Physic and Physicians: A Medical Sketch Book, Exhibiting the Public and Private Life of the Most Celebrated Medical Men, of Former Days; with Memoirs of Eminent Living London Physicians and Surgeons, Bind 1
Longman, Orme, Brown, 1839
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Side 262 - Homer ruled as his demesne; Yet did I never breathe its pure serene Till I heard Chapman speak out loud and bold: Then felt I like some watcher of the skies When a new planet swims into his ken; Or like stout Cortez when with eagle eyes He stared at the Pacific — and all his men Look'd at each other with a wild surmise — Silent, upon a peak in Darien.
Side 263 - Pipe to the spirit ditties of no tone: Fair youth, beneath the trees, thou canst not leave Thy song, nor ever can those trees be bare; Bold Lover, never, never canst thou kiss, Though winning near the goal — yet, do not grieve; She cannot fade, though thou hast not thy bliss, For ever wilt thou love, and she be fair!
Side iii - A physician in a great city seems to be the mere plaything of fortune; his degree of reputation is, for the most part, totally casual — they that employ him know not his excellence; they that reject him know not his deficience. By any acute observer who had looked on the transactions of the medical world for half a century a very curious book might be written on the "Fortune of Physicians.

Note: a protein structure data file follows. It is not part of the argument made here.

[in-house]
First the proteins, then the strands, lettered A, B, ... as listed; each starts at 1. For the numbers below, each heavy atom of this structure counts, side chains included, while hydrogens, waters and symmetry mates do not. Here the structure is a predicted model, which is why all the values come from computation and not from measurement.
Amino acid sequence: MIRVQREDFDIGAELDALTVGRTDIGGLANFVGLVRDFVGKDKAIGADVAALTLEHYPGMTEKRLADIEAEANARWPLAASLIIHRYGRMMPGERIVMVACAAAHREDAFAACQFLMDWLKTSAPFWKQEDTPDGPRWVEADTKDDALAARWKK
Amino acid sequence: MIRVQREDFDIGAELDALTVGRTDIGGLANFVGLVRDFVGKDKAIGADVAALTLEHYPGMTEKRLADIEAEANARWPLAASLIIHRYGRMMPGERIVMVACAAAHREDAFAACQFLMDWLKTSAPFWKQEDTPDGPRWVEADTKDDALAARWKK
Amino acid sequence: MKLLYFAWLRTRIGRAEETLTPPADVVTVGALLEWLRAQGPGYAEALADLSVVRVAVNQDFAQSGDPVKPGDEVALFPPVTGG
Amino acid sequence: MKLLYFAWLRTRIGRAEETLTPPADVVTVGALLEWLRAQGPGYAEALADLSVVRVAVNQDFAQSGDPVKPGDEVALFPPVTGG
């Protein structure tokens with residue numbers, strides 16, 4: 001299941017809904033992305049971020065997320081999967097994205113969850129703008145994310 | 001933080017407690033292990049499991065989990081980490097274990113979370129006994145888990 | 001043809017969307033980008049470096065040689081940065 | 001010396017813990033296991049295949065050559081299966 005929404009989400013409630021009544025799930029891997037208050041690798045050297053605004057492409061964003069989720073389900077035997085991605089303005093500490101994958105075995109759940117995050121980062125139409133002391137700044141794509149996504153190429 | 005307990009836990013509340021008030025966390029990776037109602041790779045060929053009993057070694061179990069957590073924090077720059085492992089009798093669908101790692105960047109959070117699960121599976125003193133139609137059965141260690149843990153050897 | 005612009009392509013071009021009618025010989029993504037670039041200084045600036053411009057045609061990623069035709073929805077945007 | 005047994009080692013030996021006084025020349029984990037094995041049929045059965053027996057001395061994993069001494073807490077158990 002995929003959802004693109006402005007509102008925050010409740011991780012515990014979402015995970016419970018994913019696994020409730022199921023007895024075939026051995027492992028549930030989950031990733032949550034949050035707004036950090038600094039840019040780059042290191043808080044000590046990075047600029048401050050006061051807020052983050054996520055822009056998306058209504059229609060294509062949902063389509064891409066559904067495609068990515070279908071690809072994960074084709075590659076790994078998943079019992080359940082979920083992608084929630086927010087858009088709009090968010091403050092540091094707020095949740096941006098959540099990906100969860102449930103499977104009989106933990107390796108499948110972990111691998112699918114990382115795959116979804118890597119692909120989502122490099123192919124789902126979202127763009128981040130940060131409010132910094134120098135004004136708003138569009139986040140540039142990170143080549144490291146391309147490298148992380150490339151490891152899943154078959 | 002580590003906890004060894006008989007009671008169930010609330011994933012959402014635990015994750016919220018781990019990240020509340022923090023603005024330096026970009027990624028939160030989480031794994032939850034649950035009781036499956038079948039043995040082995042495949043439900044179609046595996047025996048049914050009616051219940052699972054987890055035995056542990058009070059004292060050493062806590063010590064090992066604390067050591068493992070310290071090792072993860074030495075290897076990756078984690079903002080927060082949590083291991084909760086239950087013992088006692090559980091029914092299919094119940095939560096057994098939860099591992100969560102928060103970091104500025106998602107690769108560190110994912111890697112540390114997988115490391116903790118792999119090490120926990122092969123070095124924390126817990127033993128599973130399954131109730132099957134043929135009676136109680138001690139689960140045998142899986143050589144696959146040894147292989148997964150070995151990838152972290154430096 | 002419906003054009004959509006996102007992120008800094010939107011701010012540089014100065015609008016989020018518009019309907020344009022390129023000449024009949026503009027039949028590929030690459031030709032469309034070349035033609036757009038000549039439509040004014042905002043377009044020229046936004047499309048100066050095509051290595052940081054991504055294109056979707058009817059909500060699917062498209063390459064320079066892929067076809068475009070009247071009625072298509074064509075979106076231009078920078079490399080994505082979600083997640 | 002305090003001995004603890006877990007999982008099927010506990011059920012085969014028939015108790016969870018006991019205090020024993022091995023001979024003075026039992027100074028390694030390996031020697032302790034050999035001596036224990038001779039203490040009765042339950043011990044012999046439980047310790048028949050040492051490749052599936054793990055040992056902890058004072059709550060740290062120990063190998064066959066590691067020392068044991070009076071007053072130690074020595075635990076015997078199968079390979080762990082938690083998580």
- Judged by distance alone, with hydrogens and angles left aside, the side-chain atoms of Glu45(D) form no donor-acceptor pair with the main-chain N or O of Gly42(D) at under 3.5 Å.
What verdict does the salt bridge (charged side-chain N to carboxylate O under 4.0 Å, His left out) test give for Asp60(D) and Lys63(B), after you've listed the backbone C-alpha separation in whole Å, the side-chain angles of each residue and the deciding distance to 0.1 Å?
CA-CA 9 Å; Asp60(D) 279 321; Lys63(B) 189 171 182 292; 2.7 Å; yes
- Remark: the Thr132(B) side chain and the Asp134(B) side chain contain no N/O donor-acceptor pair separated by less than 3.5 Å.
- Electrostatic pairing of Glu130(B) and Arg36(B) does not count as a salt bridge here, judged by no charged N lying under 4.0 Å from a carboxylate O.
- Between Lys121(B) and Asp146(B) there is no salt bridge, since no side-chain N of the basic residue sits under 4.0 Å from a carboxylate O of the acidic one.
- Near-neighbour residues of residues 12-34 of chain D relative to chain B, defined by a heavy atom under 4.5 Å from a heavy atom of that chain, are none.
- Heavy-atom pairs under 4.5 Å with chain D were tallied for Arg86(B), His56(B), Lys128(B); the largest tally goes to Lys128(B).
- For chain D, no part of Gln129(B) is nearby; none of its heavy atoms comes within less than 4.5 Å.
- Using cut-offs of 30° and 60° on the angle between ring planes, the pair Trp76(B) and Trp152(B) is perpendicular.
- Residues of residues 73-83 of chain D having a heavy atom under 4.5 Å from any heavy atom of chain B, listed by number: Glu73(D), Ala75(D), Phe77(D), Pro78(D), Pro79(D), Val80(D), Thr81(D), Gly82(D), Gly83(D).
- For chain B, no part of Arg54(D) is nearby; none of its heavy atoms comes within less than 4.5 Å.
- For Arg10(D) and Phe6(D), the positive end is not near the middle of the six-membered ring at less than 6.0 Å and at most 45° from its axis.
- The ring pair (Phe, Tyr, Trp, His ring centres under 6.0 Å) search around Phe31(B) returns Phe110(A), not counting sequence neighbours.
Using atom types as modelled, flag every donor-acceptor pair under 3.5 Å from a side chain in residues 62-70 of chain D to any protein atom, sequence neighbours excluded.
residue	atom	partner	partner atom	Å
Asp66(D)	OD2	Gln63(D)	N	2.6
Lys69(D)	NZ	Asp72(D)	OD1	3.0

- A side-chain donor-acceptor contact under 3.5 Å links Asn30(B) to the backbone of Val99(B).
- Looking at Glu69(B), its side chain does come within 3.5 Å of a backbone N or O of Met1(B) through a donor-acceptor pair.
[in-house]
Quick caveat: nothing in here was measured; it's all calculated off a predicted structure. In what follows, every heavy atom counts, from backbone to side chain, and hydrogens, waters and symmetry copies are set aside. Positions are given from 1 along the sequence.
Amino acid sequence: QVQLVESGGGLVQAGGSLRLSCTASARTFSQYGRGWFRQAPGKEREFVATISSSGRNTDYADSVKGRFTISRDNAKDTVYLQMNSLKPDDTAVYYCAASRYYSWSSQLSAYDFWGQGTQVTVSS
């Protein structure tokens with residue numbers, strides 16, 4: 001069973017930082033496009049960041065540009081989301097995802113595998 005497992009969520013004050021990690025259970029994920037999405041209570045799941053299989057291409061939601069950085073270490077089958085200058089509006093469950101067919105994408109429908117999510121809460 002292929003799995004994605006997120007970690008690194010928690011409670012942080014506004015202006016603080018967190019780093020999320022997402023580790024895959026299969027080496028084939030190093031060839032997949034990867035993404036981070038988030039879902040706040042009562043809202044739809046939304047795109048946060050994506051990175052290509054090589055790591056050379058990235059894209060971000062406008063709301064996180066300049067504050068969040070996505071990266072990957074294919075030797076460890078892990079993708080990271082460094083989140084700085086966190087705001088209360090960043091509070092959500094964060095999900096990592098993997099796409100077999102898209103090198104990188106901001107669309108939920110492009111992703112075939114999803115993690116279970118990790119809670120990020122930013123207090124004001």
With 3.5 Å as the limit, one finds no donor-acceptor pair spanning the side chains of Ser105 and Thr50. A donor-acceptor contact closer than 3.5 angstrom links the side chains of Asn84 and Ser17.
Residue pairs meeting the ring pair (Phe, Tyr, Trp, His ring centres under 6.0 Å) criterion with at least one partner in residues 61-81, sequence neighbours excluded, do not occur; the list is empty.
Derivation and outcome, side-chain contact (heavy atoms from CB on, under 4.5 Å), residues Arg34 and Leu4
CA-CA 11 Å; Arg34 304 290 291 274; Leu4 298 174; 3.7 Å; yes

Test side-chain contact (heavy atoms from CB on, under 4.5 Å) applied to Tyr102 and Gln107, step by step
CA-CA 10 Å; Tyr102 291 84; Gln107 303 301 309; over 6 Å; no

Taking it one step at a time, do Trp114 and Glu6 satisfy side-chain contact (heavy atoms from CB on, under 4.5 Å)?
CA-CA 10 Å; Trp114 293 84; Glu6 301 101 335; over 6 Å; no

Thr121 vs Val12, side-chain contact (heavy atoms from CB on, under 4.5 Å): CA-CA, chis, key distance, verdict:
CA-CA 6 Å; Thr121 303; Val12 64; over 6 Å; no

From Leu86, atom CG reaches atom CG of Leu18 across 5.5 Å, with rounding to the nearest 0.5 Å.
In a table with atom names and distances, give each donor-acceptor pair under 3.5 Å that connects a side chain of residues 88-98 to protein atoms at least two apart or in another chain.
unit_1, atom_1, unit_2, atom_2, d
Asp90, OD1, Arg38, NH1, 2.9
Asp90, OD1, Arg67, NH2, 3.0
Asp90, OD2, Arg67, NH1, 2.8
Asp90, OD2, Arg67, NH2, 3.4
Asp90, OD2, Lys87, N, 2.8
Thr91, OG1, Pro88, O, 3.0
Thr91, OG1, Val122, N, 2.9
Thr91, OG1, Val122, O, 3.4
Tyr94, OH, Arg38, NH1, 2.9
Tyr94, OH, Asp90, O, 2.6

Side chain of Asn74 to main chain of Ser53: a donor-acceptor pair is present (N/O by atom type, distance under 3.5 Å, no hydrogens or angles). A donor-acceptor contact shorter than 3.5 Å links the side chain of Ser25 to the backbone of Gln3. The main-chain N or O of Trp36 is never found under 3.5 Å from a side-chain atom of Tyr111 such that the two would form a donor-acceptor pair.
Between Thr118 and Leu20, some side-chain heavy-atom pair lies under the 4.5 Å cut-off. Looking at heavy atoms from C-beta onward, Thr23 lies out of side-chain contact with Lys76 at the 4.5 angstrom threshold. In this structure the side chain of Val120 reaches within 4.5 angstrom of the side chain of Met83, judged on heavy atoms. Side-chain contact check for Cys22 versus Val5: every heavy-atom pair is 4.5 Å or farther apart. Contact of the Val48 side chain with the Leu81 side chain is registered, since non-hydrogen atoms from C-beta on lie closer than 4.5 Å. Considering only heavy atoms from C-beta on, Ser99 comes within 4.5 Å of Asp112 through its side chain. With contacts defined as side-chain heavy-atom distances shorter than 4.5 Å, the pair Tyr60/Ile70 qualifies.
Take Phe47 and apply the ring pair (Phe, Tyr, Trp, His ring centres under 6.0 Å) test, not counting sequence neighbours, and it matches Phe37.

Side 65 - For physic and farces his equal there scarce is— His farces are physic, his physic a farce is.
Side 139 - Full little knowest thou, that hast not tried, What hell it is in suing long to bide ; To lose good days that might be better spent ; To waste long nights in pensive discontent; To speed to-day, to be put back to-morrow ; To feed on hope ; to pine with fear and sorrow ; To have thy Prince's grace, yet want her peers...
Side 267 - O ye dales Of Tyne, and ye most ancient woodlands; where Oft as the giant flood obliquely strides, And his banks open, and his lawns extend, Stops short the pleased traveller to view Presiding o'er the scene some rustic tower Founded by Norman or by Saxon hands...
Side 26 - Why no, Sir. Every body knows you are paid for affecting warmth for your client; and it is, therefore, properly no dissimulation: the moment you come from the bar you resume your usual behaviour. Sir, a man will no more carry the artifice of the bar into the common intercourse of society, than a man who is paid for tumbling upon his hands will continue to tumble upon his hands when he should walk on his feet.
Side 358 - Drive from my breast that wretched lust of praise . Unblemish'd let me live or die unknown : Oh, grant an honest fame, or grant me none !
Side 357 - Others for Language all their care express, And value books, as women men, for dress: Their praise is still, — The style is excellent; The sense, they humbly take upon content.